Residents and fishermen file a lawsuit demanding a stop to the discharge of Fukushima wastewater

TOKYO (AP) — Fishermen and residents of Fukushima and five other prefectures along Japan’s northeast coast filed a lawsuit Friday demanding a halt to the ongoing discharge of treated radioactive wastewater from the destroyed Fukushima nuclear power plant into the sea.

In the lawsuit filed in the Fukushima District Court, the 151 plaintiffs, two-thirds from Fukushima and the rest from Tokyo and four other prefectures, say the discharge harms the fishing community’s livelihood and violates residents’ right to a peaceful life their lawyers.

The release of the purified and diluted wastewater The discharge, which began on August 24 and is expected to continue for several decades, is strongly opposed by fishing groups who fear it will tarnish the image of their catch, even if it is safe.

Three reactors at the Fukushima Daiichi nuclear power plant melted after a magnitude 9.0 earthquake and tsunami in 2011 destroyed their cooling systems. The plant continues to produce highly radioactive water, which is collected, treated and stored in approximately 1,000 tanks that cover much of the plant complex.

The government and the plant’s operator, Tokyo Electric Power Company Holdings, say the tanks must be removed to allow the plant to be decommissioned.

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The plaintiffs are seeking the revocation of safety permits issued by the Nuclear Regulation Authority to discharge the wastewater and a halt to the discharge, said lawyer Kenjiro Kitamura.

The government and TEPCO say the treated water meets legal limits and is diluted hundreds of times with seawater before being discharged into the sea. The International Atomic Energy Agency, which reviewed the release plan at Japan’s request, concluded that the impact of the release on the environment, marine life and people will be negligible.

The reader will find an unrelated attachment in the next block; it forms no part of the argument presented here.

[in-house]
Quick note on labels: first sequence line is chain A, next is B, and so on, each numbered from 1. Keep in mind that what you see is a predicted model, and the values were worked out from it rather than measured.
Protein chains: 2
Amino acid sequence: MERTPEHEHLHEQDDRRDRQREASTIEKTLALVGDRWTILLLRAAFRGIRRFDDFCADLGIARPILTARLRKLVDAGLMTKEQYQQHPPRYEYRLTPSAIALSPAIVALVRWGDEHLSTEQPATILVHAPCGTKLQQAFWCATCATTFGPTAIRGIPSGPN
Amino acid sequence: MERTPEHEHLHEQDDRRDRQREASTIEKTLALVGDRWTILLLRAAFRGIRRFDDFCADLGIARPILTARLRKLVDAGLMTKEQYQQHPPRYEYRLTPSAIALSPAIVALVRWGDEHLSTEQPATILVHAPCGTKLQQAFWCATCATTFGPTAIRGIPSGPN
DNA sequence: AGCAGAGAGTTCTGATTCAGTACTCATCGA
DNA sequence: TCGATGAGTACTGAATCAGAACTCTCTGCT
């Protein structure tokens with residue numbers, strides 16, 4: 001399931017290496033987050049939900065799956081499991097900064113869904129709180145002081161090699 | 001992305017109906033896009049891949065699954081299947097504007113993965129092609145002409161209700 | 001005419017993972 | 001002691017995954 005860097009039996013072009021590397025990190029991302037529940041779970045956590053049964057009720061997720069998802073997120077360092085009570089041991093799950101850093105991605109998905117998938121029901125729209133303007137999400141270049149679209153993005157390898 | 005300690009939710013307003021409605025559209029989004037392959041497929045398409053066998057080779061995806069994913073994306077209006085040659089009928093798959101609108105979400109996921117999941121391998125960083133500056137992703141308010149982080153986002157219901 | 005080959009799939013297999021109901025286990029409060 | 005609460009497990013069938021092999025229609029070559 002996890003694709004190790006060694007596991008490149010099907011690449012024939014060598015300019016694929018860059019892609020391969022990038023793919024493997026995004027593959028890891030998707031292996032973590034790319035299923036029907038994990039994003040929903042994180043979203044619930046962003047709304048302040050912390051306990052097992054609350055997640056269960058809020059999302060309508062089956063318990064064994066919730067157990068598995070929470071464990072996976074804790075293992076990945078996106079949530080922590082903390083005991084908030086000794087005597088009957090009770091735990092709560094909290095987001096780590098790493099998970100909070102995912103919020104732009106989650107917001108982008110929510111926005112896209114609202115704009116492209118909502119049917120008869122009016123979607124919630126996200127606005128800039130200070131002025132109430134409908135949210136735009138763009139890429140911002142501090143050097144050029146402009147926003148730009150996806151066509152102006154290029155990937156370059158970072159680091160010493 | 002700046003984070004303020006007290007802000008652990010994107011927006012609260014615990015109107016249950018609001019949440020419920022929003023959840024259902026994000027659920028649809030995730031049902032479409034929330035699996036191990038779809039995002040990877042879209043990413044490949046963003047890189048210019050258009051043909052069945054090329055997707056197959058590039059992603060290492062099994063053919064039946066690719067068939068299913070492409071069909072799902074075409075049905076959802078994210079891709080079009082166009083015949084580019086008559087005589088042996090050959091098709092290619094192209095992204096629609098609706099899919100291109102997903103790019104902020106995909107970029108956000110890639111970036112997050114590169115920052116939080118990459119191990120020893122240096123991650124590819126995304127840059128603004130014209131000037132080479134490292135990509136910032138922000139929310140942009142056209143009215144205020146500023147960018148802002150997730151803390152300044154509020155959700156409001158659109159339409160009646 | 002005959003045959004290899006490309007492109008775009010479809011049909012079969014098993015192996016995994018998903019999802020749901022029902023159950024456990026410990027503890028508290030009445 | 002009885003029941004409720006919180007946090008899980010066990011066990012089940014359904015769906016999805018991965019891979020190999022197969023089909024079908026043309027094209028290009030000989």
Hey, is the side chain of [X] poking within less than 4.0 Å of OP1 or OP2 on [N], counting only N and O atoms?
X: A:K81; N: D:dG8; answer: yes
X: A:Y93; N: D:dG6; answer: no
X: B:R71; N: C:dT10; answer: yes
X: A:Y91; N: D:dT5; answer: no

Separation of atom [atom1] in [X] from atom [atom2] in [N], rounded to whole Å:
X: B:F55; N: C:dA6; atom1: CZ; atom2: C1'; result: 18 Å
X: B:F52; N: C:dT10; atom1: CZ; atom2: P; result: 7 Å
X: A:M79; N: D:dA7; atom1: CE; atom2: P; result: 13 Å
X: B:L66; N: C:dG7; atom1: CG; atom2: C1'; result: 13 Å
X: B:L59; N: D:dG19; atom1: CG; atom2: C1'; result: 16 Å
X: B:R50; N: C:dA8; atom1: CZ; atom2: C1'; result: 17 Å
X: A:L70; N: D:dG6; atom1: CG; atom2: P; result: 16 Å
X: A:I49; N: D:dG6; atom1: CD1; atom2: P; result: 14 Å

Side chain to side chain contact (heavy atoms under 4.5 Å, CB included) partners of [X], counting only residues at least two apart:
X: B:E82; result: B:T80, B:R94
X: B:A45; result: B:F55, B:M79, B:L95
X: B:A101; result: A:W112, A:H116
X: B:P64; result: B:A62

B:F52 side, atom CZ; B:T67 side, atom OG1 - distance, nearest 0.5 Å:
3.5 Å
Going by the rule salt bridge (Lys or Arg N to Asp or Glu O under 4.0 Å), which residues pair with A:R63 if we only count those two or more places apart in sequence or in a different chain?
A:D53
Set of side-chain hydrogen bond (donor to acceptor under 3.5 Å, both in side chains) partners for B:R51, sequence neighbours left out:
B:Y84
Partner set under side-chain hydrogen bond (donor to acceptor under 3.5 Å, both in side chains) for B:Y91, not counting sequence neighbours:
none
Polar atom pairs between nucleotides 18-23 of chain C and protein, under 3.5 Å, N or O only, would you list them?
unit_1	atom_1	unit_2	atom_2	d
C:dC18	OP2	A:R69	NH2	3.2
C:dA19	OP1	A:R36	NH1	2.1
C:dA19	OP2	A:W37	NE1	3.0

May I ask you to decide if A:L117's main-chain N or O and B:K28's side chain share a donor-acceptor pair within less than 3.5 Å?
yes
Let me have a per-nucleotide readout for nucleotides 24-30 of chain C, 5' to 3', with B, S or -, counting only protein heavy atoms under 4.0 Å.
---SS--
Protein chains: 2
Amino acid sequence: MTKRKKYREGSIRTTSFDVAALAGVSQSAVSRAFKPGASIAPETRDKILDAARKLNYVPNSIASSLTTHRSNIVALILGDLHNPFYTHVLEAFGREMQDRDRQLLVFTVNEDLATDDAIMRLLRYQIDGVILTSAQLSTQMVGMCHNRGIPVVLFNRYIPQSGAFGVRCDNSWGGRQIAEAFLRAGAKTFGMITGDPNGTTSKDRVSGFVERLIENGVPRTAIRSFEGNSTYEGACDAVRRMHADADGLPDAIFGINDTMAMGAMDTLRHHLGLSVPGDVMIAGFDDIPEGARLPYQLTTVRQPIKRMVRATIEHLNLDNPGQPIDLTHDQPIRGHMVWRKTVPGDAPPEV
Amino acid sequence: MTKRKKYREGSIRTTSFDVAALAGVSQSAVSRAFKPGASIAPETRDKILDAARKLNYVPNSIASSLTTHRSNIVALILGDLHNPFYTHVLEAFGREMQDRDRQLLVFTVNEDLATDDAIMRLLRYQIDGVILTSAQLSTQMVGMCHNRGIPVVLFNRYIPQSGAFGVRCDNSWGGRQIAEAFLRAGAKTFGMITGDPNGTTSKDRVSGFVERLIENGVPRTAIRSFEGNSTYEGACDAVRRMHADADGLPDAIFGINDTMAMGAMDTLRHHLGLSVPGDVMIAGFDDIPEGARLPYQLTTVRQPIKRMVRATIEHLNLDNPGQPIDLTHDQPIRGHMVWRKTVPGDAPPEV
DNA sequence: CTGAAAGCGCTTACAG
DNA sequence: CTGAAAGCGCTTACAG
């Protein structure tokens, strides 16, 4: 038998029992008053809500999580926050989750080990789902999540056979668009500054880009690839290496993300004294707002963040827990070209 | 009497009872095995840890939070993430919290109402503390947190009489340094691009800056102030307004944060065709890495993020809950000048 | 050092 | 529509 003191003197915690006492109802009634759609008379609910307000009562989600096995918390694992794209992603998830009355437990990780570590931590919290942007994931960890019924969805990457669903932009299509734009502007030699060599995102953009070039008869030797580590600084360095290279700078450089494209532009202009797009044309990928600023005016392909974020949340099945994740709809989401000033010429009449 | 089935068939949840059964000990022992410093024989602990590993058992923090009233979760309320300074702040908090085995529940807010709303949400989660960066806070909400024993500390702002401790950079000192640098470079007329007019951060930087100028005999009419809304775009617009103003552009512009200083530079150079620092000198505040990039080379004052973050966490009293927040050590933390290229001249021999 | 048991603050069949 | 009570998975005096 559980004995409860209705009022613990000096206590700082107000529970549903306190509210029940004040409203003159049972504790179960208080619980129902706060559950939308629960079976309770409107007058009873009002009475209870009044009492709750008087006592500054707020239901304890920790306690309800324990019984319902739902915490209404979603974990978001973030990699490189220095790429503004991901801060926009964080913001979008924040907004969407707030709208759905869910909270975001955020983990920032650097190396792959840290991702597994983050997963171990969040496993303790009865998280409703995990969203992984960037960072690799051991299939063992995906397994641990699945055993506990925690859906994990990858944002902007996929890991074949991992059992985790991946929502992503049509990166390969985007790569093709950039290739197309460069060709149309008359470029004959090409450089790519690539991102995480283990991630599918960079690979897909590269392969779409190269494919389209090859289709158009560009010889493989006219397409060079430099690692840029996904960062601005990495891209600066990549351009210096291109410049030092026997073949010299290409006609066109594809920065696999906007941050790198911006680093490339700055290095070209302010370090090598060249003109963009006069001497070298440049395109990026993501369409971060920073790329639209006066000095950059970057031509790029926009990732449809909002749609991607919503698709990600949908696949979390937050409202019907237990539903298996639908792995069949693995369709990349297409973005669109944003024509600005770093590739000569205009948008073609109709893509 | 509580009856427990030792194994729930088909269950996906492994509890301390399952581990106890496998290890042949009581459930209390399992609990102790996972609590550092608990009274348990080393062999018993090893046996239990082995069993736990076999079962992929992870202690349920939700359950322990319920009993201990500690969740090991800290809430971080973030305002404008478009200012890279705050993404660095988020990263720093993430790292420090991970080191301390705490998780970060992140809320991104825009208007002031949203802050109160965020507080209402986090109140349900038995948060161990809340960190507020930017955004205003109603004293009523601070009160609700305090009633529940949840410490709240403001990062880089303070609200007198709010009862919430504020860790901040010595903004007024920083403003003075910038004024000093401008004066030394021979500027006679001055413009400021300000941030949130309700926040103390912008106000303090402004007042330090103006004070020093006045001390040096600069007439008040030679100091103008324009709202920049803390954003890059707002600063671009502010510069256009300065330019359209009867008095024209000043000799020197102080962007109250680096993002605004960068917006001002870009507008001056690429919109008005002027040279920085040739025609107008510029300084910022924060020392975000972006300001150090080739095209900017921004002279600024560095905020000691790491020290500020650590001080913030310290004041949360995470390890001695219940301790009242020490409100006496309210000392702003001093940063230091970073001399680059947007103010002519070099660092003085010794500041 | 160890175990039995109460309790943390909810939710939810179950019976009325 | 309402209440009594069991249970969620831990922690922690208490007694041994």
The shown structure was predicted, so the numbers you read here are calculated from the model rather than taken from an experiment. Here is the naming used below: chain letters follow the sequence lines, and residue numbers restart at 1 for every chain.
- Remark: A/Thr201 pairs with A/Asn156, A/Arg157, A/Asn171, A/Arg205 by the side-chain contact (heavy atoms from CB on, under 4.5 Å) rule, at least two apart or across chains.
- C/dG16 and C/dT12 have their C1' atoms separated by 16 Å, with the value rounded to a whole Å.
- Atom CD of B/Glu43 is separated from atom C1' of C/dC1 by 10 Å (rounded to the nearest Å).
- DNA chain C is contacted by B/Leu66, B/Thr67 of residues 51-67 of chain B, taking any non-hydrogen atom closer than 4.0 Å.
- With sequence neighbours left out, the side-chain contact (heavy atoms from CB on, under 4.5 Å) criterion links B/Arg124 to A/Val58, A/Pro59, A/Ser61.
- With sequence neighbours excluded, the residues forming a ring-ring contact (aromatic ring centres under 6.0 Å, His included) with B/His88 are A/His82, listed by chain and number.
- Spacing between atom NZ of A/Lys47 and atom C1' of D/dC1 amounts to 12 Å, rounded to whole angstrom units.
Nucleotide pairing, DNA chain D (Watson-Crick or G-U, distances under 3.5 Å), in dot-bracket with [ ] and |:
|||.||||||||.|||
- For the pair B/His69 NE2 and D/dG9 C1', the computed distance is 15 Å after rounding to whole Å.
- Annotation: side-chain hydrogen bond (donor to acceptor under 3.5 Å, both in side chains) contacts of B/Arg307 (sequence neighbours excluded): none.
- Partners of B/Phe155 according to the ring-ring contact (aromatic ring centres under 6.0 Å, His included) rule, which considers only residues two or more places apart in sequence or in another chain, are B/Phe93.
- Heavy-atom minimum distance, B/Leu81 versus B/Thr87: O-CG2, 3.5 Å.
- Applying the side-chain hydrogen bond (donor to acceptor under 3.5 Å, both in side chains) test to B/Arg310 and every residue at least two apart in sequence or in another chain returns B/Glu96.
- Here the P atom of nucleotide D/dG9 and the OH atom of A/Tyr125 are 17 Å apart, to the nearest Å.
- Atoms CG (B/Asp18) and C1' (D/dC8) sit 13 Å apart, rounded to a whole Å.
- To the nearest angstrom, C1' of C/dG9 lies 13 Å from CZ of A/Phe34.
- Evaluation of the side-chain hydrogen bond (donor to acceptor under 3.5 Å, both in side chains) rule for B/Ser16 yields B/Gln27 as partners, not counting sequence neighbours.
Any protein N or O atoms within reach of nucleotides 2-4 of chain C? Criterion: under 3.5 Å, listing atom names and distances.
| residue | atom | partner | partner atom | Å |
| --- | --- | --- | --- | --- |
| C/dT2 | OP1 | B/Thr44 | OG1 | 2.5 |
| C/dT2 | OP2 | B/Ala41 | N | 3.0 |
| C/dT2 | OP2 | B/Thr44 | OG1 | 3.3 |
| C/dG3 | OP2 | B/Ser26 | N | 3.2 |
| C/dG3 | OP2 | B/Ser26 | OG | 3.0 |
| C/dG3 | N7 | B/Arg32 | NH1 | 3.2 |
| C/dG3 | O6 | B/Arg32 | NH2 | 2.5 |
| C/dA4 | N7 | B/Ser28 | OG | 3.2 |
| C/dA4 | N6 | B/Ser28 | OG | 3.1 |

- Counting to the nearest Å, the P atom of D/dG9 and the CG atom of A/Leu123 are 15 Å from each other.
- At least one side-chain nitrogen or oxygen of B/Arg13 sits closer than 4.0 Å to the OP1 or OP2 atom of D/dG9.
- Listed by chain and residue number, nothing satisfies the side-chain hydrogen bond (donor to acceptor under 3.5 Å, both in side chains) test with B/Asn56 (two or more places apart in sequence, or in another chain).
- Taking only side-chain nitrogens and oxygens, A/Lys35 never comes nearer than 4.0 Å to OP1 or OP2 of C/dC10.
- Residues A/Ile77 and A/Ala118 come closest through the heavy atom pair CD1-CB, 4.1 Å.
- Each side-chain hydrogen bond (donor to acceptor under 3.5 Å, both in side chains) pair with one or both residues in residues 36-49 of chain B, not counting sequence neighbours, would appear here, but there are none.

“Intentional release into the sea is an intentional harmful act that aggravates the (nuclear power plant) accident,” said another lawyer, Hiroyuki Kawai. He said the sea is a public resource and it would be unethical for a company to dump wastewater there.

TEPCO said it could not comment until it received a copy of the lawsuit.

China banned In response to the release, Hong Kong and Macau banned imports from 10 prefectures including Fukushima. Groups in South Korea have also condemned the dismissal.

China is the largest importer of Japanese seafood and its ban has hit the industry hard.

Japanese Prime Minister Fumio Kishida’s Cabinet on Tuesday approved a 20.7 billion yen ($141 million) emergency fund to help exporters suffering from the Chinese ban. The fund adds to 80 billion yen ($547 million) the government previously allocated to support fisheries and seafood processing and to combat reputational damage to Japanese products.

Kishida, while attending a summit of Southeast Asian leaders in Indonesia, said China’s ban was in stark contrast to many other countries’ broad understanding of the release.

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